One can hardly imagine all the odors pervading the working environments at chemical plants. Chlorine, phosgene, hydrogen chloride, petrochemicals, phenol, acetone, methyl metacrylate, hydrogen cyanide, sulfur dioxide, vinyl chloride and numerous other compounds were in the air in various concentrations and mixes at all times. Sometimes there were emergencies, and the city was enveloped in fumes. Many locals were able to identify the origin of the emergency down to the factory or even one of its buildings by the odor alone. Some compounds were highly harmful and dangerous.
Most of the hazardous industries have been shut down, and the air in Dzerzhinsk has become much clearer. However, one can still get a sense of these odors, which chem factory workers breathed, by going to remaining sludge collectors.
The audience can experience three smells from the notorious sludge settlement ponds of the eastern industrial estate in Dzerzhinsk: the White Sea, the Black Hole, and pyrolysis sludge. A relative of mine worked at a pyrolysis plant for around two decades. She was exposed to carcinogenic fumes daily and died to a malignant tumor.
Odors. 2019. Installation
56.2354828N/43.5809789E. 2016. Mixwd media. 250х300
There are still relatively many open-air waste reservoirs around the chemical industries of Dzerzhinsk. The best known are popularly called the “white sea” and the “black hole.”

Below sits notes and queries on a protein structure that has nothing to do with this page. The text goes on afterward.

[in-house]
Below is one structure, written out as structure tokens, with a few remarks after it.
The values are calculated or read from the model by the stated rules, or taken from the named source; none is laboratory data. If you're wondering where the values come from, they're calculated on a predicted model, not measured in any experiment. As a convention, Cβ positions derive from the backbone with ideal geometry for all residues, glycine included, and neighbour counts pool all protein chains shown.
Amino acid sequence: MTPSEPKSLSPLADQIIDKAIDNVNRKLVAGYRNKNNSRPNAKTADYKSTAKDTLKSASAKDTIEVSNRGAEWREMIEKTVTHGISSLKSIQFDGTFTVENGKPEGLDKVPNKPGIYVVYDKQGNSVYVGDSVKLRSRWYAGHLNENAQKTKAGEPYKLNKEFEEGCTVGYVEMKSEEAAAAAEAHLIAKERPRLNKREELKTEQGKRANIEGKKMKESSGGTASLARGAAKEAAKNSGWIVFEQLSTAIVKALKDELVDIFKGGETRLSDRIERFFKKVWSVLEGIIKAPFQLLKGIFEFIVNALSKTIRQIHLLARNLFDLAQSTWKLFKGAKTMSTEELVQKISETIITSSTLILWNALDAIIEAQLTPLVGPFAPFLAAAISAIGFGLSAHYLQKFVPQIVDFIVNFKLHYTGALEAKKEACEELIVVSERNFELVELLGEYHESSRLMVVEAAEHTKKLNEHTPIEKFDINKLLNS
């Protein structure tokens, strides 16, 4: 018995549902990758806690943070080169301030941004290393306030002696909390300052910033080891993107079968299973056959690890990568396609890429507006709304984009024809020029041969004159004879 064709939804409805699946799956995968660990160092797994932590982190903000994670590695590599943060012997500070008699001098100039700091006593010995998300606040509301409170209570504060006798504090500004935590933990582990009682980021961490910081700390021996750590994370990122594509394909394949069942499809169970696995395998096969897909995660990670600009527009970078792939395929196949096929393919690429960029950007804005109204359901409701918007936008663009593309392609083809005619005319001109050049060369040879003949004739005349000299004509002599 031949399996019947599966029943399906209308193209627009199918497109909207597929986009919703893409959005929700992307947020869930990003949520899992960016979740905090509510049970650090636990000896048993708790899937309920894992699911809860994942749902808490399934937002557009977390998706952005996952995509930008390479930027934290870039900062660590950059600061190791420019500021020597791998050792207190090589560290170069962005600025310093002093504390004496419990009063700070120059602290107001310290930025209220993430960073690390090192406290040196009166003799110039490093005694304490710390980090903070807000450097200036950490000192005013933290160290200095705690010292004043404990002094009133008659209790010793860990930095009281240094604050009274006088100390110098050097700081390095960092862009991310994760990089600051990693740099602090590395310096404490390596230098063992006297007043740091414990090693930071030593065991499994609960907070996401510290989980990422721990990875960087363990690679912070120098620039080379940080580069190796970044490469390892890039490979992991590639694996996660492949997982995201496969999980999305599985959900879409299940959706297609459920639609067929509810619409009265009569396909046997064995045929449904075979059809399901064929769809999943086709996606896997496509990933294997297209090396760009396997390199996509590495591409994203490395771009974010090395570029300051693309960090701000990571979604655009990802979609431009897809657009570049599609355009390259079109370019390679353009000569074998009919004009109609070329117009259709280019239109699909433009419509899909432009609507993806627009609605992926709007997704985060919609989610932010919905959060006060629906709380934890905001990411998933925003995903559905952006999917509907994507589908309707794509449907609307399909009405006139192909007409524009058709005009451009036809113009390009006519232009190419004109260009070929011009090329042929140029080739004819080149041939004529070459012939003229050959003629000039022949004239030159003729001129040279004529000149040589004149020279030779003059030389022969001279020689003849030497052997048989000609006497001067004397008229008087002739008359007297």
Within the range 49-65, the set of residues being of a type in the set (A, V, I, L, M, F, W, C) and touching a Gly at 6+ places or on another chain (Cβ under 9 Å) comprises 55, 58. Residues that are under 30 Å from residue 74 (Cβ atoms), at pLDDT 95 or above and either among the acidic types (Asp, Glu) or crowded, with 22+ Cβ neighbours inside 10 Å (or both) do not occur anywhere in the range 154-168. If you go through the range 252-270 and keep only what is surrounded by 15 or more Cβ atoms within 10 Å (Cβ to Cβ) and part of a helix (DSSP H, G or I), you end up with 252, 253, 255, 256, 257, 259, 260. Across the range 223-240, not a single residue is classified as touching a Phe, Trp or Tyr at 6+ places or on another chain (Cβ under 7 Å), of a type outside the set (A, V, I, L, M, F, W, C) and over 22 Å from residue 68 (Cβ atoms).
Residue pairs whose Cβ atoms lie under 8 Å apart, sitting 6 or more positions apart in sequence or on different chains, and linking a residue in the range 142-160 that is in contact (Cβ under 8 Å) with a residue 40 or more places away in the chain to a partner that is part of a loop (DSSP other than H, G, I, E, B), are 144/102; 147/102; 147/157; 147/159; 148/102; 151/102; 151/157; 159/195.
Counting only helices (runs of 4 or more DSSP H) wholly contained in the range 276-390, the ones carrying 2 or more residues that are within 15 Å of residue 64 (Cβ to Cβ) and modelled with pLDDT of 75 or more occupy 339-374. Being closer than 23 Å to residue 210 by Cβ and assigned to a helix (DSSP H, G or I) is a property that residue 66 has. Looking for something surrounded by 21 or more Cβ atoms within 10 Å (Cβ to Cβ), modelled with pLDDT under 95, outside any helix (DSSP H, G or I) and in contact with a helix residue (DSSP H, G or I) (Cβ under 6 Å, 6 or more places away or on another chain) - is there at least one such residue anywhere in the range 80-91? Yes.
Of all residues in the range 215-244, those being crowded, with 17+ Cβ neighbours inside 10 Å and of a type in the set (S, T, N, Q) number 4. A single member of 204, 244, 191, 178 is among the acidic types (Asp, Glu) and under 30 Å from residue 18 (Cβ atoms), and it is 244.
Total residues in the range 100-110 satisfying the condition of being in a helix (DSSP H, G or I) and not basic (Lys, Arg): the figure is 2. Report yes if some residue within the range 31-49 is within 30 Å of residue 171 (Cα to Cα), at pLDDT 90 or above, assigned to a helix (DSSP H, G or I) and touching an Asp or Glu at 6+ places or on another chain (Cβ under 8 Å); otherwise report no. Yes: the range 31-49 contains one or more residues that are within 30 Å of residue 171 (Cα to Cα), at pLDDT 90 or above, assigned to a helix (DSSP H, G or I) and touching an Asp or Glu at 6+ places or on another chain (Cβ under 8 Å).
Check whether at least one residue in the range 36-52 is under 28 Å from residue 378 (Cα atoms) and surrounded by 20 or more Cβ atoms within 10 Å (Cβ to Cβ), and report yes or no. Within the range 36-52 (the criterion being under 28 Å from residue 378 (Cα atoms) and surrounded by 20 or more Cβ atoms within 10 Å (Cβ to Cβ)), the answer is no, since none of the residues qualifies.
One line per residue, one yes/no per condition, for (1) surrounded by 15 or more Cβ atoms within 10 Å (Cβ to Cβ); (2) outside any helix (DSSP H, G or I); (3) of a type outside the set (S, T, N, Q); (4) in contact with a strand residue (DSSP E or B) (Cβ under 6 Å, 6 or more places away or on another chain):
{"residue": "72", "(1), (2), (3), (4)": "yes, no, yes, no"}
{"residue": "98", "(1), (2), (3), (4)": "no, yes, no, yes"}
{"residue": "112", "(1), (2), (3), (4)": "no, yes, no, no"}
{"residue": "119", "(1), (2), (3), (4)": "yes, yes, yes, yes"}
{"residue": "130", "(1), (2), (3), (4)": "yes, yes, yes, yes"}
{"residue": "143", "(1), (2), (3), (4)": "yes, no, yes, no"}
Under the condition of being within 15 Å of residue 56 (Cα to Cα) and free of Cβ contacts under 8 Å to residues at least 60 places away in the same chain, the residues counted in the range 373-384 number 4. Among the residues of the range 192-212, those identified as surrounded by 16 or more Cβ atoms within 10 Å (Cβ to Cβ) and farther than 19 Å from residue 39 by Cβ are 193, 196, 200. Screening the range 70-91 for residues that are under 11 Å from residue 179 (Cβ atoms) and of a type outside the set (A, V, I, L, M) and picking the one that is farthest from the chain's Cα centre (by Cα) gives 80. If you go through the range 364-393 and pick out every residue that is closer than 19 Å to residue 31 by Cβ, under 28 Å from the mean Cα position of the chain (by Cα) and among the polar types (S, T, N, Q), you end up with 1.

The White Sea sludge pond is the largest in the area, just shy of one square kilometer. Built in 1973, it was used to filter waste before dumping it into a tributary of the Oka River. In 2011, the President Medvedev came to the site and promised to allocate funds for safe disposal and demolition of the sludge collectors. It remains unclear how to dispose of millions of tons of chemical waste. The reservoirs could be covered with soil, but this would not protect groundwater from toxic pollutants. There has already been several resonant litigation cases on misappropriation of the funds, but nothing has been done about the White Sea or the Black Hole.
I grew up nearby. South from the White Sea, my family had a garden plot where we went every weekend with my parents. Further South, my grand-grandmother, grandmother and grandfather are buried at the local cemetery. Closer to the Oka River, there is the village where I used to spend my summers.